President Obama will crown his historic rapprochement with Cuba with a visit to the island as soon as March, the first for a sitting U.S. president in nearly 90 years, administration sources said Wednesday.
The White House will announce on Thursday the details of a multi-stop presidential trip to Latin America — including Cuba — in the coming weeks, said senior administration officials speaking on condition of anonymity because the official announcement had not been made. The trip was first reported by ABC News and Reuters.
The trip would be the culmination of 14 months of work to normalize relations between the two countries since Obama broke the diplomatic freeze between the two governments that had been maintained by 10 U.S. presidents in 2014.
Obama has made no secret about wanting to visit the communist island, but said in an interview last year that “conditions have to be right.” Those conditions included a visible change in the lives, liberties and economic possibilities of ordinary Cubans. “If we’re going backwards, then there’s not much reason for me to be there. I’m not interested in just validating the status quo,” he told Yahoo News.
Embassies have reopened in Washington and Havana. The Obama administration has published a series of rule changes to allow U.S. businesses to export products to Cuban entrepreneurs. The two sides reached an aviation agreement that will allow for regularly-scheduled commercial flights and U.S. cellular companies are providing roaming service on the island.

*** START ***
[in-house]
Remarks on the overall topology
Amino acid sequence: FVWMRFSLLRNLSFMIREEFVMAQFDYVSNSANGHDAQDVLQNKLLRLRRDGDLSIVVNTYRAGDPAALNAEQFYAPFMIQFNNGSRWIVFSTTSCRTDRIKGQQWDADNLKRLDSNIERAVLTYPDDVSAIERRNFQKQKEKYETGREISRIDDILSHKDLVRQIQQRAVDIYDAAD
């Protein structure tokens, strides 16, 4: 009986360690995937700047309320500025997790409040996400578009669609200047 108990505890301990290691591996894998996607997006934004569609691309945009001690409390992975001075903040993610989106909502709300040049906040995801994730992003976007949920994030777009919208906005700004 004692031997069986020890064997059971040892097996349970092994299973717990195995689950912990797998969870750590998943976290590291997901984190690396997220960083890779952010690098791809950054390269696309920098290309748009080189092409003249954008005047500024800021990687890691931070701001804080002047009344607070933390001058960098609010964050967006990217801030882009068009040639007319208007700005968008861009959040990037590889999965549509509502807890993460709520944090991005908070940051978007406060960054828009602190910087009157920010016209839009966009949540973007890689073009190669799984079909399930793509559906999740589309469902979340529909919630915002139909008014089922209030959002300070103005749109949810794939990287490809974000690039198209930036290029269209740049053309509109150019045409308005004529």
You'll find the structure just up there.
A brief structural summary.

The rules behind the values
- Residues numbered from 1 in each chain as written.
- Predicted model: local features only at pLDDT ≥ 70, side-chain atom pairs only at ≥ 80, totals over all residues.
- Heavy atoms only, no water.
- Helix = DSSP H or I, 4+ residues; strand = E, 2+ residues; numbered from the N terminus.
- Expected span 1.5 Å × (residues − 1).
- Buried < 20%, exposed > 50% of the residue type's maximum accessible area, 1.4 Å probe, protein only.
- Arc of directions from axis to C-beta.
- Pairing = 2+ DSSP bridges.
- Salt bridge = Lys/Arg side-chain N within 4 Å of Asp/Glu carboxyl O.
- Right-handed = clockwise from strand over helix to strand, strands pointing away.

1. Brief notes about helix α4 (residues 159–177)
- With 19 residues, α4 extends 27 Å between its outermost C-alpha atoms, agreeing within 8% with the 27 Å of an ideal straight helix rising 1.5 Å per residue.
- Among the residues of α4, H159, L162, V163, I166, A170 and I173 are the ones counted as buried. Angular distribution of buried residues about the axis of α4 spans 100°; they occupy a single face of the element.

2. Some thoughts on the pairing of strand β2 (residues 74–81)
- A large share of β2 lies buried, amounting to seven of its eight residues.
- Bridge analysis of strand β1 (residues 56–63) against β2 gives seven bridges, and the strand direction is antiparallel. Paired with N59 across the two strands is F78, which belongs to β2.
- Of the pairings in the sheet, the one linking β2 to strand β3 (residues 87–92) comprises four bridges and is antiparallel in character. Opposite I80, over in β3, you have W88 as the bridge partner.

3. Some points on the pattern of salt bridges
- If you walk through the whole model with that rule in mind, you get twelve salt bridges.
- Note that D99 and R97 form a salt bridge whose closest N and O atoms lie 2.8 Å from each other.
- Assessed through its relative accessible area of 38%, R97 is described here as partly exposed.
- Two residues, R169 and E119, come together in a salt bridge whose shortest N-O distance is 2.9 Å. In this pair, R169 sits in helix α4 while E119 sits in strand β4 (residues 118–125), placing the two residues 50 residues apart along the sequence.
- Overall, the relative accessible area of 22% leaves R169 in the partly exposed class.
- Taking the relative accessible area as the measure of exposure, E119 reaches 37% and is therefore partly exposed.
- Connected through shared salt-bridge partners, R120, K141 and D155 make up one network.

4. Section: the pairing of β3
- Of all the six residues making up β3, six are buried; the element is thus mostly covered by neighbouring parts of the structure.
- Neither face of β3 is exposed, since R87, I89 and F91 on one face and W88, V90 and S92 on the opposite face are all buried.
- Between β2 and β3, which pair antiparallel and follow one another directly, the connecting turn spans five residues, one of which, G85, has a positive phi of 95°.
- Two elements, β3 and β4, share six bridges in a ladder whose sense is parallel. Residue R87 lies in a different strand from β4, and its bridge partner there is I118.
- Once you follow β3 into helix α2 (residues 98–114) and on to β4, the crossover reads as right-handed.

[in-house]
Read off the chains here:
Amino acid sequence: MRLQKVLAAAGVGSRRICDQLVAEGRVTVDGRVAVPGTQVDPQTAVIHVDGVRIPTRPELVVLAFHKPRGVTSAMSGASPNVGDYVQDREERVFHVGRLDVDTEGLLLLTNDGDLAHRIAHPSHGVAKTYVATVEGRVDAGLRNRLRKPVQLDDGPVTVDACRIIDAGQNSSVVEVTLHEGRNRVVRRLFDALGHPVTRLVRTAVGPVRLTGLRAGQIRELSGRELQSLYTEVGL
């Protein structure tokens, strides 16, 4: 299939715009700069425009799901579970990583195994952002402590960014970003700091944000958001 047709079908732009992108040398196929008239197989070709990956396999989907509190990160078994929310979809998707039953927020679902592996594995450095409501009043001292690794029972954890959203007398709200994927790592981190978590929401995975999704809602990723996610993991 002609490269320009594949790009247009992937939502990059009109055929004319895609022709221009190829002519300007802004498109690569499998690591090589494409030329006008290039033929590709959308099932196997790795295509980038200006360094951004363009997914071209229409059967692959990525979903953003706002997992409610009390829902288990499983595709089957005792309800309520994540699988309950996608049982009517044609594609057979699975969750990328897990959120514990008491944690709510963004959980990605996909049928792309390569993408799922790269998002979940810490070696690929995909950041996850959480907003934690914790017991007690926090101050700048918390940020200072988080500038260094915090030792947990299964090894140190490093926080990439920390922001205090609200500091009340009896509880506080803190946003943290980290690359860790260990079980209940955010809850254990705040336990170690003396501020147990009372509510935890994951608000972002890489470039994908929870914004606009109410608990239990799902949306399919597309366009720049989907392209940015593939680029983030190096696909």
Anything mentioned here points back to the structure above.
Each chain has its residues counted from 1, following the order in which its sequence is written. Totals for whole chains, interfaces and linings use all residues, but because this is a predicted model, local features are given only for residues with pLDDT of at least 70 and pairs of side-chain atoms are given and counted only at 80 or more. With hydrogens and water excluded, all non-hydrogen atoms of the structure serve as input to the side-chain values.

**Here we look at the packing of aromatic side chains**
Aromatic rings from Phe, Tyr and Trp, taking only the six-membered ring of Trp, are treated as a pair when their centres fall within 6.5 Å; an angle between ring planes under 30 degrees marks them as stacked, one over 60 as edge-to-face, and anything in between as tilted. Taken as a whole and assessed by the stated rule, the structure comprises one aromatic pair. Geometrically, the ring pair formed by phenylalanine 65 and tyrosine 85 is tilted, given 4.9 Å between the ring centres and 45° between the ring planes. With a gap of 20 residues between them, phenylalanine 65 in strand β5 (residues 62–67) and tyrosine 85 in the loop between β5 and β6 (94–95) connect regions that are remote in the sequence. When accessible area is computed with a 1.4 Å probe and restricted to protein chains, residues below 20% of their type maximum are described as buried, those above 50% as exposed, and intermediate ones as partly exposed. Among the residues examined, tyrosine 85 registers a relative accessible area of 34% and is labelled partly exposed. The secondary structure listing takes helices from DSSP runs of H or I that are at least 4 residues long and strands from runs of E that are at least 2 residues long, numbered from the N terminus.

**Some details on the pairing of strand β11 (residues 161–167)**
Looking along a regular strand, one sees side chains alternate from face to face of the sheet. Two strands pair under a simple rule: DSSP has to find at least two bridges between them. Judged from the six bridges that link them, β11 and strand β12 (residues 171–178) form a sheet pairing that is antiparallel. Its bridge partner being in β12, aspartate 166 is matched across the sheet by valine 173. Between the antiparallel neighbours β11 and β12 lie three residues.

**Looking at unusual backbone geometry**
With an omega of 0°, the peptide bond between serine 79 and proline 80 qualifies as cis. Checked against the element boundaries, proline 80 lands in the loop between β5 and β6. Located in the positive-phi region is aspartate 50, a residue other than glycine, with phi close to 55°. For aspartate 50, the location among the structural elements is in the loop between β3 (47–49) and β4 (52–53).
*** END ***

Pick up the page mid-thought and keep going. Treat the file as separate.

Yet the Cubans have not fully embraced the openings created by Obama.
Human rights organizations say political persecution remains an everyday occurrence on the island. In 2015, the first full year of the new relationship with Cuba, 8,616 Cubans deemed political prisoners were detained or arrested by the government, according to the Havana-based Cuban Commission of Human Rights and National Reconciliation. That figure is only slightly lower than the 8,899 politically-motivated arrests in 2014.
Opponents of Obama’s Cuba opening say those arrests prove that Obama’s strategy has already failed. Sen. Marco Rubio, R-Fla., and Sen. Ted Cruz, R-Texas, both Cuban-Americans running for president, have said they’ve seen no change in Cuba’s repressive regime. Rubio has called the changes “one-sided concessions,” Cruz has called the opening an “unconditional surrender” and both have vowed to cut diplomatic ties if they’re elected.
SOURCE: Alan Gomez and Gregory Korte